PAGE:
After the somewhat surprising success of Matthew Vaughn and Jane Goldman’s Kingsman: The Secret Service, a sequel became an inevitability. But second album syndrome strikes its blow here as The Golden Circle is a bloated, messy, underwhelming affair.
Matthew Vaughn’s follow-up to the infinitely enjoyable Kingsman: The Secret Service rather jumps the shark, its bloated gut overegging the pie and unfortunately undoing a lot of what made the original 2014 film so much fun. There’s an argument that devotees of Vaughn and Jane Goldman’s action-comedy franchise starter might look past The Golden Circle’s flaws but I’d put money on most growing tired of the same gags being battered around the head for two-plus hours.
The film still made plenty of money at the box office. It’s easy to see why. The returning cast are still rather delightful – Colin Firth, Taron Egerton and Mark Strong. Newcomers fare less well though – Julianne Moore, Halle Berry and an ill-conceived and unwarranted extended cameo for Elton John and his inflated ego. It’s when you realise your groans are outweighing the laughs that Kingsman: The Golden Circle begins to quickly drag making its overlong running time of two hours and twenty minutes feel a lot longer.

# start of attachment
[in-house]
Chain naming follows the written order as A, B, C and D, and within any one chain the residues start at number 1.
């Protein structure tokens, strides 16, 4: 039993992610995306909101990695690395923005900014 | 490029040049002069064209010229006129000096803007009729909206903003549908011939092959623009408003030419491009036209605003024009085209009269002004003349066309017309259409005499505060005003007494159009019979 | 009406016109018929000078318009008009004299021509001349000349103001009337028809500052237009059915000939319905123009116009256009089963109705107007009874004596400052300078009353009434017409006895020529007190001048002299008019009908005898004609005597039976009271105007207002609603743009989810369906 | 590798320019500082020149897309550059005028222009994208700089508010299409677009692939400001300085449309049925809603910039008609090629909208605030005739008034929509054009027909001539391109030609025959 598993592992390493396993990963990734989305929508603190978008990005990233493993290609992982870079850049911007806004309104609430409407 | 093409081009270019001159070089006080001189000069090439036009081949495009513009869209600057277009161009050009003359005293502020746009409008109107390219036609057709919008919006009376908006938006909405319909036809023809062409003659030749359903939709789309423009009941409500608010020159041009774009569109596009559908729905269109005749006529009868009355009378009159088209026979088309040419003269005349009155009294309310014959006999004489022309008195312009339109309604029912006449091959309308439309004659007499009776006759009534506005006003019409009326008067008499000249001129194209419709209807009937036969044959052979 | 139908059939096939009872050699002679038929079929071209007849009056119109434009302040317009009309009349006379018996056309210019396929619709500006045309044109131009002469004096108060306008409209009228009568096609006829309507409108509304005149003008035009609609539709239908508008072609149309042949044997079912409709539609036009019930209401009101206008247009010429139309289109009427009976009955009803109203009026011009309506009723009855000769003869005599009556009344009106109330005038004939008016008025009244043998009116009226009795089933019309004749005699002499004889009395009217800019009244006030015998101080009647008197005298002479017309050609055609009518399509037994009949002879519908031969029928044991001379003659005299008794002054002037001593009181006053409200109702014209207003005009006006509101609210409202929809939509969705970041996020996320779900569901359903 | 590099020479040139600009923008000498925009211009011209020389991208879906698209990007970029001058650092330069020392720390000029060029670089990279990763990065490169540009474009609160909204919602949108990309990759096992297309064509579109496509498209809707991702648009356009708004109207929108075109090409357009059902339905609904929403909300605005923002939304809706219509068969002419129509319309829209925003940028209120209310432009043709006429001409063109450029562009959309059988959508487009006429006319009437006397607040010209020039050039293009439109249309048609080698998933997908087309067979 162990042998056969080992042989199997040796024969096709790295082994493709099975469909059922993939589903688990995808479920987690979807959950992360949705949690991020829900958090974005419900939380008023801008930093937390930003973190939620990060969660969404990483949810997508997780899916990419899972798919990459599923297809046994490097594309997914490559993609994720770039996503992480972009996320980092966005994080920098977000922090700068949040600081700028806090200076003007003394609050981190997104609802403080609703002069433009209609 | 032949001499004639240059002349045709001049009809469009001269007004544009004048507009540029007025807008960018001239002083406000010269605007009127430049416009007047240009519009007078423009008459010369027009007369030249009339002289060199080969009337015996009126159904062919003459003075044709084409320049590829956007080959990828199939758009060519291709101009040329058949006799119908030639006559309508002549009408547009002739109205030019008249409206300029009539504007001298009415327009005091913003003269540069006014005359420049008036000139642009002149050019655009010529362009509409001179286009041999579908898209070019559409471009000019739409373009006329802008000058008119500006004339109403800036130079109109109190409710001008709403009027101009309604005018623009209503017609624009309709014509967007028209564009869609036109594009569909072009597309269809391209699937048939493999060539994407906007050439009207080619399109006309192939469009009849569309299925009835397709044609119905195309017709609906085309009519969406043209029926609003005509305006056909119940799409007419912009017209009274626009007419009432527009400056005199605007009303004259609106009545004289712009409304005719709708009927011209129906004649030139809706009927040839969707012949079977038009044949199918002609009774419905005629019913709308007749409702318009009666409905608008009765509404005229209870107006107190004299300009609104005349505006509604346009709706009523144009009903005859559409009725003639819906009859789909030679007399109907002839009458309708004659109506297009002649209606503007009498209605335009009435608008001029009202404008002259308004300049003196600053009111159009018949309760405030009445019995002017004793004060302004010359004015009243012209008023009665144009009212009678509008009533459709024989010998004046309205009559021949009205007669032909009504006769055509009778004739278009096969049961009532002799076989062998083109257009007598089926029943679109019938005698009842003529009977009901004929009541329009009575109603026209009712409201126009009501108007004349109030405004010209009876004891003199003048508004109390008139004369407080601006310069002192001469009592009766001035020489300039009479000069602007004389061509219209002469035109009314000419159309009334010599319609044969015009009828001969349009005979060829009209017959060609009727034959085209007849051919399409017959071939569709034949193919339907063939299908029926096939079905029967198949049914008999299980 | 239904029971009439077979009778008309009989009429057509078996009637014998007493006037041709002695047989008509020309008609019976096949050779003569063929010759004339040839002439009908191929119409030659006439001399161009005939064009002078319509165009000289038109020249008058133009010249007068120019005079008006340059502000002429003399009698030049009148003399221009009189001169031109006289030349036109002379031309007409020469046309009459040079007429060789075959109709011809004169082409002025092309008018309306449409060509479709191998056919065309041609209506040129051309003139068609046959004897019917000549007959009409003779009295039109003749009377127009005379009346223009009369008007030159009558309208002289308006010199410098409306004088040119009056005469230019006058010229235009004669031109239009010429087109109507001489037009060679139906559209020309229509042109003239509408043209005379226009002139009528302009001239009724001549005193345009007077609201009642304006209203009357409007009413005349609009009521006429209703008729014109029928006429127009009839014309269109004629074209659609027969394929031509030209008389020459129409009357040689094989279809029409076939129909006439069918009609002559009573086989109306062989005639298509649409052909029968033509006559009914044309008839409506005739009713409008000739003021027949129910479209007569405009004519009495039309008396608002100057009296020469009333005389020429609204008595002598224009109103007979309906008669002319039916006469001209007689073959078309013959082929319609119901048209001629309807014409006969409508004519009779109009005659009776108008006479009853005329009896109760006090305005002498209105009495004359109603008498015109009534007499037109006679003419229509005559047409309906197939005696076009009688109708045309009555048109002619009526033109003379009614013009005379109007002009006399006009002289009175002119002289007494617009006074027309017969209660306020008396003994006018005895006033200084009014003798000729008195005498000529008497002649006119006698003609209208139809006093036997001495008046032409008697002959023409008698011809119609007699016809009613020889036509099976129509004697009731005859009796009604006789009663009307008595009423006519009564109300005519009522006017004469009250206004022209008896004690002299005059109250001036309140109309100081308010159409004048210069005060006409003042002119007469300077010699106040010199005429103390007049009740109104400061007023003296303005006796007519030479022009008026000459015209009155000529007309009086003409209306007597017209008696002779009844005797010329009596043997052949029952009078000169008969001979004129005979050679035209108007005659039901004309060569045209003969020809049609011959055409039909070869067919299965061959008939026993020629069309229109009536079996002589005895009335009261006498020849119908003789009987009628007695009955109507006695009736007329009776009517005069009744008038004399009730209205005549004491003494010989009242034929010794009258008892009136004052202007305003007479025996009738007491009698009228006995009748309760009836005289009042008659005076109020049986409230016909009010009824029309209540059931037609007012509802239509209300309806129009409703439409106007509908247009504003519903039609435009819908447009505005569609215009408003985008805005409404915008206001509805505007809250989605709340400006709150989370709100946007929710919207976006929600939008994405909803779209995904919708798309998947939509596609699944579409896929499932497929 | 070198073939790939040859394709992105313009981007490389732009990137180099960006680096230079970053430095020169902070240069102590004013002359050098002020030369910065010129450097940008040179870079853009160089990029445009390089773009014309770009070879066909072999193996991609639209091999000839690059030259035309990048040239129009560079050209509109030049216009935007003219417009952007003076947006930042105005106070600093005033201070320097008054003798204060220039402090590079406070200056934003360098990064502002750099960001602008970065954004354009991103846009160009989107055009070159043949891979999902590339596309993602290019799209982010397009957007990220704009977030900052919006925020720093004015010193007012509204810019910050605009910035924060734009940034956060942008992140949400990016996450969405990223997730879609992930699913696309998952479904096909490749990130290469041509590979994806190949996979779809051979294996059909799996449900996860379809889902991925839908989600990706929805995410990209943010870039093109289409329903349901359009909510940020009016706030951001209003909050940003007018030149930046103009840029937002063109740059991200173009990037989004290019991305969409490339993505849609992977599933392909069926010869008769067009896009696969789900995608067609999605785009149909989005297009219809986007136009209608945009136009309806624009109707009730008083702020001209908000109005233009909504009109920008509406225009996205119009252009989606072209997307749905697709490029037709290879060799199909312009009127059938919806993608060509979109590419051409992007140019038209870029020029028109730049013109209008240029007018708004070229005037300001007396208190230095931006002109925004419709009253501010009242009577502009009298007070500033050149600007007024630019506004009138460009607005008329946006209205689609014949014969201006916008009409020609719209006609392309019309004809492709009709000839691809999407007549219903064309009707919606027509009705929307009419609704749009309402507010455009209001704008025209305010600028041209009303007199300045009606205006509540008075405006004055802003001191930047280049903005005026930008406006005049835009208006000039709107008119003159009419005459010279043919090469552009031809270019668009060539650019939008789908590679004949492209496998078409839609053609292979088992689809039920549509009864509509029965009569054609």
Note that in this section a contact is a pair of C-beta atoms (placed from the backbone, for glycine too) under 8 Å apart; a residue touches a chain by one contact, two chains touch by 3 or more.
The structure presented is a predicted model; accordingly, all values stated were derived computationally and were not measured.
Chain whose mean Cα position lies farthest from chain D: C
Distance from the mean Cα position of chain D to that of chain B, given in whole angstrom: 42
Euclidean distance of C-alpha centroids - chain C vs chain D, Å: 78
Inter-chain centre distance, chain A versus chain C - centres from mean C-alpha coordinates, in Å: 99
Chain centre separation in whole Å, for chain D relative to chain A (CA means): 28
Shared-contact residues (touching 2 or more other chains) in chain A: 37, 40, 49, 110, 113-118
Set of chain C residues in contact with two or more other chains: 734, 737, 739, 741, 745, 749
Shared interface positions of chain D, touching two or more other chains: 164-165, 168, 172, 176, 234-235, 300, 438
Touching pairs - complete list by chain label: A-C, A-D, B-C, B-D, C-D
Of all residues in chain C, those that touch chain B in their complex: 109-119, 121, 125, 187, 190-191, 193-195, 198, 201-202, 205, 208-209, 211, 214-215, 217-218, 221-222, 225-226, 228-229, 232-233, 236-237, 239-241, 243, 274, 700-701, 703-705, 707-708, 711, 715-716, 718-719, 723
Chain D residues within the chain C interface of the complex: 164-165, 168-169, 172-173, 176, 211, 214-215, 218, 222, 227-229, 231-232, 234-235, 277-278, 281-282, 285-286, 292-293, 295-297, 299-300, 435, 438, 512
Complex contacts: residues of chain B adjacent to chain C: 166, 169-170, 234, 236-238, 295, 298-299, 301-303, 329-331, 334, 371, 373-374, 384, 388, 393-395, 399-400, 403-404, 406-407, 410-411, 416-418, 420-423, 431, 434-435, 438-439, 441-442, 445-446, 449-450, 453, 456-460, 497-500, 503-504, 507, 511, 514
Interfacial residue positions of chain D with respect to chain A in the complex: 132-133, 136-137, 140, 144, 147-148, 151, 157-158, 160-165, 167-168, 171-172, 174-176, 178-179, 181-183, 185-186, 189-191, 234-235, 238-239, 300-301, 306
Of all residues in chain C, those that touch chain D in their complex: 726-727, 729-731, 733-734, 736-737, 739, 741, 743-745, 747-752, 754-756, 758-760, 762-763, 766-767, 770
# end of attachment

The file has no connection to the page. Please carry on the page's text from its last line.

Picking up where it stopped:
If you’ve seen the first film you’ll remember that Colin Firth’s Harry Hart is dead. It’s now a year later and Egerton’s Eggsy is now a full-fledged member of the secret service and taken Hart’s title of Galahad. However, after all British agents are wiped out in an attack leaving only Eggsy and Strong’s Merlin alive, they travel to America to team up with a similar underground organisation. They agree to help each other to take down Poppy Adams (Julianne Moore) and her Golden Circle drug cartel.
I suppose it’s a little unfair to totally disregard Vaughn’s sequel as an unholy, almost unwatchable mess. But that comes only as a result of the surprise success of the first film based on Dave Gibbons’ and Mark Millar’s comic book series Kingsman. It gave audiences subversive action-comedy with an X-rated edginess that felt wholly fresh against Marvel superhero overload. But the kinetic energy, bombast and playfulness on view in 2014 is here with no restraint giving The Golden Circle an out of control wackiness that instead of taking you for a ride, stops and starts urging you to get off.